|Tenikwa Wildlife Awareness Centre - Leopard|
"The leopard is the smallest member of the 4 “great cats” and most closely resembles its cousin the Jaguar. Leopards vary in length from 3 – 6.25 ft with a tail length of 22.5 – 43 inches and stand 17.5 – 30.5 inches high at the shoulder. Males weigh between 80 – 150 pounds and females between 62.5 – 100 pounds. This spotted cat has short powerful limbs, heavy torso, thick neck and long tail. Its short sleek coat varies greatly from pale straw and gray buff to bright, deep ochre and chestnut and sometimes black (found mostly in wetter, dense forests). Large black spots grouped into rosettes on the shoulders, upper arms, back, flanks and haunches and smaller scattered spots on the lower limbs, head, throat and chest and the belly has large black blotches"
|Leopard at Tenikwa Wildlife Awareness Centre|
|Serval At Tenikwa|
"Often referred to as the cat of spare parts, this unusual, but beautiful cat is among the feline family’s most successful. It has a small, delicate head and extremely large ears set on an elongated neck, long slim legs (hind legs longer than front), long slender body and a short tail. The ears are black on the back with a distinctive white spot and the tail has 6 or 7 black rings and a black tip. The coat color is pale yellow with black markings, either of large spots that tend to merge into longitudinal stripes on the neck and back, or of numerous small spots, which give a speckled appearance".
This one is very friendly and we were warned to stand still so that the cat could rub against our legs!
There is a NO TOUCHING policy so please do abide by this when visiting Tenikwa!
The Rehabilitation Centre is not open to the public as the injured animals require rest and a quiet space in which to recover. Most are returned to the wild unless they are unable to fend for themselves due to the nature of their injuries. This type of work takes dedication and passion for wildlife.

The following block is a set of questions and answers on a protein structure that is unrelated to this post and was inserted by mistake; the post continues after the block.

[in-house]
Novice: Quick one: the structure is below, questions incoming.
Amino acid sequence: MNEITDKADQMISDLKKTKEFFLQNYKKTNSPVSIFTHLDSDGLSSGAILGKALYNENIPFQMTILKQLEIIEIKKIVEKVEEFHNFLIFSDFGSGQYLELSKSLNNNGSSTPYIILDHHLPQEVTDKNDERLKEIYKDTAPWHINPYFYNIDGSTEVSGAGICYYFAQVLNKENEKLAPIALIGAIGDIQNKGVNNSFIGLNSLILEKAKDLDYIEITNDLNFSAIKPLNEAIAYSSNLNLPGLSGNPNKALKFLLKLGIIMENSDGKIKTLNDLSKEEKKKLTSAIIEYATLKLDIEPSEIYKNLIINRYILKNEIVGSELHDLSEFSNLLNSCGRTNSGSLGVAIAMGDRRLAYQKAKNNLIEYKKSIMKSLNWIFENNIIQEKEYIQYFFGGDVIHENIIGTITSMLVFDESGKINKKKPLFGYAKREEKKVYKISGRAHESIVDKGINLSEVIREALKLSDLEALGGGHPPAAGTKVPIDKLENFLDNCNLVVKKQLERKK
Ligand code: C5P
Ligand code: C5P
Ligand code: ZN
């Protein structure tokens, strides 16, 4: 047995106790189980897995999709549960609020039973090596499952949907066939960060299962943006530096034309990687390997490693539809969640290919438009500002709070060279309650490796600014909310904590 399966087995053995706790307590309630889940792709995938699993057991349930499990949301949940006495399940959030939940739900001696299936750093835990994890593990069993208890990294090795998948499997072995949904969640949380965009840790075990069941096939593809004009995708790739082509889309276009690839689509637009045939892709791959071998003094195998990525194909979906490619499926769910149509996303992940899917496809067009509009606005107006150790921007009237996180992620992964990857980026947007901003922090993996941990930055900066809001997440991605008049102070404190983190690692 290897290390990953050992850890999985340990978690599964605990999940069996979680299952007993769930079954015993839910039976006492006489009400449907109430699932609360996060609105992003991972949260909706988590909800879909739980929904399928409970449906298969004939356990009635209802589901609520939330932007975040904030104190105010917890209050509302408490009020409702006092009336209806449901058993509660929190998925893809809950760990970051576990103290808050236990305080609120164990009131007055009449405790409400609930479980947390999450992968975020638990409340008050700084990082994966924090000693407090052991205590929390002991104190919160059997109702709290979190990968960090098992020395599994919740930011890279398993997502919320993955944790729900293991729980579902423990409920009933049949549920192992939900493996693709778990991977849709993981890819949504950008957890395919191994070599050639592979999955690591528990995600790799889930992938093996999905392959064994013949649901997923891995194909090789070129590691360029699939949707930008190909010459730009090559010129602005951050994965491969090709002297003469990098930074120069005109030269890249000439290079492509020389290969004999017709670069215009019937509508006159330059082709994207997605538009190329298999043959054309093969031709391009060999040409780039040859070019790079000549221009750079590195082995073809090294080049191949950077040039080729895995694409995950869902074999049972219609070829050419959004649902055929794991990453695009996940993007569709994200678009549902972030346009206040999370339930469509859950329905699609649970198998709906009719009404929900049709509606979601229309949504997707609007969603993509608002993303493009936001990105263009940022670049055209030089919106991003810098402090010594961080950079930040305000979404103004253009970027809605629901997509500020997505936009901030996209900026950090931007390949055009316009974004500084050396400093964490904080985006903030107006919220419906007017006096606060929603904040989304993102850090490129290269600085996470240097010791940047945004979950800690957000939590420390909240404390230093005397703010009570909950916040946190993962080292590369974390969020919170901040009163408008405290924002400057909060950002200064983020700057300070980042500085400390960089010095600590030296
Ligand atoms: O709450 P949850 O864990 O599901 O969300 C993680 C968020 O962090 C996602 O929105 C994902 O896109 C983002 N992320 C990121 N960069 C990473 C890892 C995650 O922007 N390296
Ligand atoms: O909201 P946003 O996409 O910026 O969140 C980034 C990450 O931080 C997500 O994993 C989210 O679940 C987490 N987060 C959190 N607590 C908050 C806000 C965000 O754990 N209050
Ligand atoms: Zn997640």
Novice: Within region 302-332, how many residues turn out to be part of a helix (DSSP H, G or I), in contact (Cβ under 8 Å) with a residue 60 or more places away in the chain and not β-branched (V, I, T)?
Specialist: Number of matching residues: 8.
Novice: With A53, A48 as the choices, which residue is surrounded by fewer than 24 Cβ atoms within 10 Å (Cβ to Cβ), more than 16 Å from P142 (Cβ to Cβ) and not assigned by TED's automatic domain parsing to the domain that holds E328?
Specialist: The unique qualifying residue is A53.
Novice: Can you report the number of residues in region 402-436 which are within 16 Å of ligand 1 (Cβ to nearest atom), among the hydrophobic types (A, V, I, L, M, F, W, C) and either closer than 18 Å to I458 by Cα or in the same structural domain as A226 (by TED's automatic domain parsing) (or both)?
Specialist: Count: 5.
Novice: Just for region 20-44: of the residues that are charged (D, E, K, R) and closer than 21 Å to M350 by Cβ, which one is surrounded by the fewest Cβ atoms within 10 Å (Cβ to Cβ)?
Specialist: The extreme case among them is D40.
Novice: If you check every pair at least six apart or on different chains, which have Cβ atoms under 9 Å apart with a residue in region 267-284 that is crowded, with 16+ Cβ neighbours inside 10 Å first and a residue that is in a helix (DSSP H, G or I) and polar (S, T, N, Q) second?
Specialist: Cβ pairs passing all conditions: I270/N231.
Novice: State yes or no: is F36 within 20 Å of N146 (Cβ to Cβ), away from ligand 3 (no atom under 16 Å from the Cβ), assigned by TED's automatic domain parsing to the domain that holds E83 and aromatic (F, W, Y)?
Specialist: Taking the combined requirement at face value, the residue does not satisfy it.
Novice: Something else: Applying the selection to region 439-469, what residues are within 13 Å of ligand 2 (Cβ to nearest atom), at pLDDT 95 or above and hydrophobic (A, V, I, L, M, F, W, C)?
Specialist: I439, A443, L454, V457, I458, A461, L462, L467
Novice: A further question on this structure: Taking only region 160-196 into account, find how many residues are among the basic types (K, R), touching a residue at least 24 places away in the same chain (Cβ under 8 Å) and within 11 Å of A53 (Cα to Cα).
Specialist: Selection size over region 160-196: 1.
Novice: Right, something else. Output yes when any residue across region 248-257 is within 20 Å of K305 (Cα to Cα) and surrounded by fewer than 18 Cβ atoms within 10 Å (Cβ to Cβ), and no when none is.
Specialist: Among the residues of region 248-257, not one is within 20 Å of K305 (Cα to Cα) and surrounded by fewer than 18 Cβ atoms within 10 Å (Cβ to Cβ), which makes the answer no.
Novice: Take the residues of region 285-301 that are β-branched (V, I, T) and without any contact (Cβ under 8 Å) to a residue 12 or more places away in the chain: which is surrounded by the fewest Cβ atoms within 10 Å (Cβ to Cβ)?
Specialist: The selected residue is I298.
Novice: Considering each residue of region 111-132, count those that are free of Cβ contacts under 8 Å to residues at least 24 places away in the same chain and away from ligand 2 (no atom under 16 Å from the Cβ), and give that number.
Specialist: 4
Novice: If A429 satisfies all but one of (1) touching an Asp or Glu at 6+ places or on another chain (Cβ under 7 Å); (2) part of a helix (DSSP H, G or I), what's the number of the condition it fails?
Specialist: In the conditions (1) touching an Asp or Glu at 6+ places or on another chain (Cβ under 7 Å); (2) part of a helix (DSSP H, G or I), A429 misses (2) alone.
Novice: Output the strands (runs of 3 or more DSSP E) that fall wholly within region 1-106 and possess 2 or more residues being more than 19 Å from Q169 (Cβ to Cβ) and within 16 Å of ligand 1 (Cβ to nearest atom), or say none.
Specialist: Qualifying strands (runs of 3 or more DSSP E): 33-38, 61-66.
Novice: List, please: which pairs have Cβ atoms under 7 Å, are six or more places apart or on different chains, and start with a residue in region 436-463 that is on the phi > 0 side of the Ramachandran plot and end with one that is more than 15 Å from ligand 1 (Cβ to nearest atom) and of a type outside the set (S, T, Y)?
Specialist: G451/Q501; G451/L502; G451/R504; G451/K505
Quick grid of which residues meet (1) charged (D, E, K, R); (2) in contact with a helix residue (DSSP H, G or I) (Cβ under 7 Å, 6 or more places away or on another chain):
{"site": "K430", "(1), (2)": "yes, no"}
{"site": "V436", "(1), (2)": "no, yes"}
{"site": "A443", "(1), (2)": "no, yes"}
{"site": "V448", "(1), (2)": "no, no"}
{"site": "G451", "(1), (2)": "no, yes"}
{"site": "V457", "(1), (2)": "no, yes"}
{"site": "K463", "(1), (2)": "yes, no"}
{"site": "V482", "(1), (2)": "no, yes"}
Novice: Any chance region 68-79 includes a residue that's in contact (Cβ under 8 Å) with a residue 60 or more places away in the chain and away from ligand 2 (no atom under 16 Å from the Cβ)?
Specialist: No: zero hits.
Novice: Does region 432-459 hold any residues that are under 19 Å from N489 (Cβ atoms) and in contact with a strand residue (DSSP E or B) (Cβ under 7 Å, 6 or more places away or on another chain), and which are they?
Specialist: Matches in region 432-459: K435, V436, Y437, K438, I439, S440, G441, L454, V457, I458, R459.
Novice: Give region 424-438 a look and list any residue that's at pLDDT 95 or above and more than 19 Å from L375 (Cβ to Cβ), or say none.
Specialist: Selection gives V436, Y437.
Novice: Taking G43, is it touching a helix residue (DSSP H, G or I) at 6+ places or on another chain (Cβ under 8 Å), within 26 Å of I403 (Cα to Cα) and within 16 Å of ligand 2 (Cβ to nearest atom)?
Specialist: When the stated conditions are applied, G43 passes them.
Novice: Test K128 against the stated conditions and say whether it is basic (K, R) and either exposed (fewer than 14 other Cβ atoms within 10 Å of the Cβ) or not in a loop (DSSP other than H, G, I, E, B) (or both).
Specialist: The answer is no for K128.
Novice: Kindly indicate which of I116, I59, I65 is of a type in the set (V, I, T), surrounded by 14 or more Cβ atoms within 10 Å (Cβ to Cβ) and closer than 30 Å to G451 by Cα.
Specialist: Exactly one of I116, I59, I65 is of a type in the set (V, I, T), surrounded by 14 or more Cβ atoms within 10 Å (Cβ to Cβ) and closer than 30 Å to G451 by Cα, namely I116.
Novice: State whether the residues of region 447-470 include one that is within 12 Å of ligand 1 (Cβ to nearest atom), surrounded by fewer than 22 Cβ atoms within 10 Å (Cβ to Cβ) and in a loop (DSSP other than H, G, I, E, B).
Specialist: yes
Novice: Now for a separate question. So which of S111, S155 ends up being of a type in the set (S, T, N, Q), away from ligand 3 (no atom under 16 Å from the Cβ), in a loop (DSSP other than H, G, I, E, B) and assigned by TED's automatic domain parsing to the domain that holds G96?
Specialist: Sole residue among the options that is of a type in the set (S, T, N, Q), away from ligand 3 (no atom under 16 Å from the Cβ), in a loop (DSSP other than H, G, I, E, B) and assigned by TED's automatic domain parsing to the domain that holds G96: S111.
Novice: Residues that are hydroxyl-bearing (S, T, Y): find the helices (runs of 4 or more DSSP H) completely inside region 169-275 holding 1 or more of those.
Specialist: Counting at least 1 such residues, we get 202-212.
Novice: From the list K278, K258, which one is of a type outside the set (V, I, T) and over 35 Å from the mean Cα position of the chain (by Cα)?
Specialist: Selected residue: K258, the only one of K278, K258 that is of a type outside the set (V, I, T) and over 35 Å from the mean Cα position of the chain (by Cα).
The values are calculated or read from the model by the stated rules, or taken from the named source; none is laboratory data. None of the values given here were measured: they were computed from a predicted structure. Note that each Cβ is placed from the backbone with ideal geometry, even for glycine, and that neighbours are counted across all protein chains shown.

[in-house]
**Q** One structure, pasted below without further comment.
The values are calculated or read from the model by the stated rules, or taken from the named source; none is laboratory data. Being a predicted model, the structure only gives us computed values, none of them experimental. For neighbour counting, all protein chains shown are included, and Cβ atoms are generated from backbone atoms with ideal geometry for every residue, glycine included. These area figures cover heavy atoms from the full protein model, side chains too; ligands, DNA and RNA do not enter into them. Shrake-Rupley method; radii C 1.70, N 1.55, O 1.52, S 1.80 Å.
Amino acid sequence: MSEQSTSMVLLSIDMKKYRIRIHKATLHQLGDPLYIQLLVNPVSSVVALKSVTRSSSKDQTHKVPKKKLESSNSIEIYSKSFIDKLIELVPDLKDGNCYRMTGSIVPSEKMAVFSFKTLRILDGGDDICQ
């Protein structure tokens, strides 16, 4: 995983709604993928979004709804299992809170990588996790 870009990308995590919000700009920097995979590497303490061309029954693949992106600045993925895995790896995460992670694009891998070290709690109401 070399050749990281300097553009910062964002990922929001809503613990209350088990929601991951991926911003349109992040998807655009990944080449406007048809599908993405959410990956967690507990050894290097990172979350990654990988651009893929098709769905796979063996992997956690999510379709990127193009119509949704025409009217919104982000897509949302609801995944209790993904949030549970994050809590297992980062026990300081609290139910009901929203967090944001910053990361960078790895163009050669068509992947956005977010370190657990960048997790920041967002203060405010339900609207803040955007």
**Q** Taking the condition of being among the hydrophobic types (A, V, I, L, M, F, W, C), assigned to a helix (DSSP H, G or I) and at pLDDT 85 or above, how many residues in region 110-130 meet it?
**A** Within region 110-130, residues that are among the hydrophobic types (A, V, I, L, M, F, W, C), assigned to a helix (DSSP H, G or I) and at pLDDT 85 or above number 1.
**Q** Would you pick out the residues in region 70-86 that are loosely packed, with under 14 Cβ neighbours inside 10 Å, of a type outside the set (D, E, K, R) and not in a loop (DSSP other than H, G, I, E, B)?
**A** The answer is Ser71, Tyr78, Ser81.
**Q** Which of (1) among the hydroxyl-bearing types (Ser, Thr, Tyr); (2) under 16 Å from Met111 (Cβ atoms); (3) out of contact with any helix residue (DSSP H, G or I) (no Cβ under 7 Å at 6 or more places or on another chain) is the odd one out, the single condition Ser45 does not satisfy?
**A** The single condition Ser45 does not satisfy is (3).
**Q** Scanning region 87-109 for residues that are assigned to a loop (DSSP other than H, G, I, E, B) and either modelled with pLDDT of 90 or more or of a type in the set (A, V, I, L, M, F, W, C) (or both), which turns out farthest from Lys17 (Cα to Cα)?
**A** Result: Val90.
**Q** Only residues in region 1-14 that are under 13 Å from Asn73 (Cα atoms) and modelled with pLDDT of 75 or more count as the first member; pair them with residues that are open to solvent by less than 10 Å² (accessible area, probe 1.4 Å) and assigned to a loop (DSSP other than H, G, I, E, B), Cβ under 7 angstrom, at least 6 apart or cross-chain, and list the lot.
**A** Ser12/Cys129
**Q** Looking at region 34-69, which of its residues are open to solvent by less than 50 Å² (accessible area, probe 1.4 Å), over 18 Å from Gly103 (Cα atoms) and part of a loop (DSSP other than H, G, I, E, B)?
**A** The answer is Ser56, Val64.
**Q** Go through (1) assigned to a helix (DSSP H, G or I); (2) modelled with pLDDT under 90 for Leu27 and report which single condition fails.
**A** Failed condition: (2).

"The word “Cheetah” is derived from the Hindi word ” Chita ” meaning “spotted one”. The Cheetah is the fastest land animal reaching speeds of 45 – 70 mph".
"The Cheetah is a tall and elegant cat in appearance. Large chest, narrow waist, long thin legs and a slim well muscled build this animal was definitely made for speed. The Cheetahs coat varies from a tawny to golden tone covered in a pattern of solid black spots averaging .75″-1.5″ in diameter. The Cheetahs beautiful pelt became more protected in 1970, when the fur trade regulations were strengthened. The fur is coarse to the touch not silky as it appears. The Cheetah’s long thick tail has spots, which turn into rings and at the end is tipped with white. The throat and abdomen are a creamy white in color. The Cheetah has a small head with high set eyes and short rounded ears tipped with white on the back. The most well known characteristic is however the distinct black “tear mark”, which runs from the inside corner of the eye down to the corner of the mouth".
|Lion at Tenikwa|
The lions are very happy in their large enclosure and certainly made for some interesting moments.
The boardwalk is very well done - so one is safe but able to view the animals up close if they happen to be near by.
"The white lion is not a separate subspecies but rather caused by a recessive gene. Big, dark manes on male lions are an indication of health and vigor and these males are favoured by females. White lions do occur naturally in the wild but they are rare"
" Lions spend much of their time resting and are inactive for about 20 hours per day. Although lions can be active at any time, their activity generally peaks after dusk with a period of socialising, grooming, and defecating. Intermittent bursts of activity follow through the night hours until dawn, when hunting most often takes place. They spend an average of two hours a day walking and 50 minutes eating".
|Social Interaction of Lions at Tenikwa|
" The most common peaceful communications whilst lions are resting, are head rubbing and social licking which has been compared to grooming in primates. Nuzzling one’s forehead, face and neck against another lion – appears to be a form of greeting. Lions tend to roar in a very characteristic manner, starting with a few deep, long roars that trail off into a series of shorter ones. They most often roar at night; the sound, which can be heard from a distance of 8 kilometres, is used to advertise the animal’s presence. Lions have the loudest roar of any big cat".
Tenikwa offers a number of guest experience with the cats - do contact them for further information if you are in the Plettenberg Bay area of South Africa.
As they say and I quote:
"Come with an Open Mind, Tread with a lighter Step, Leave with a change of Heart"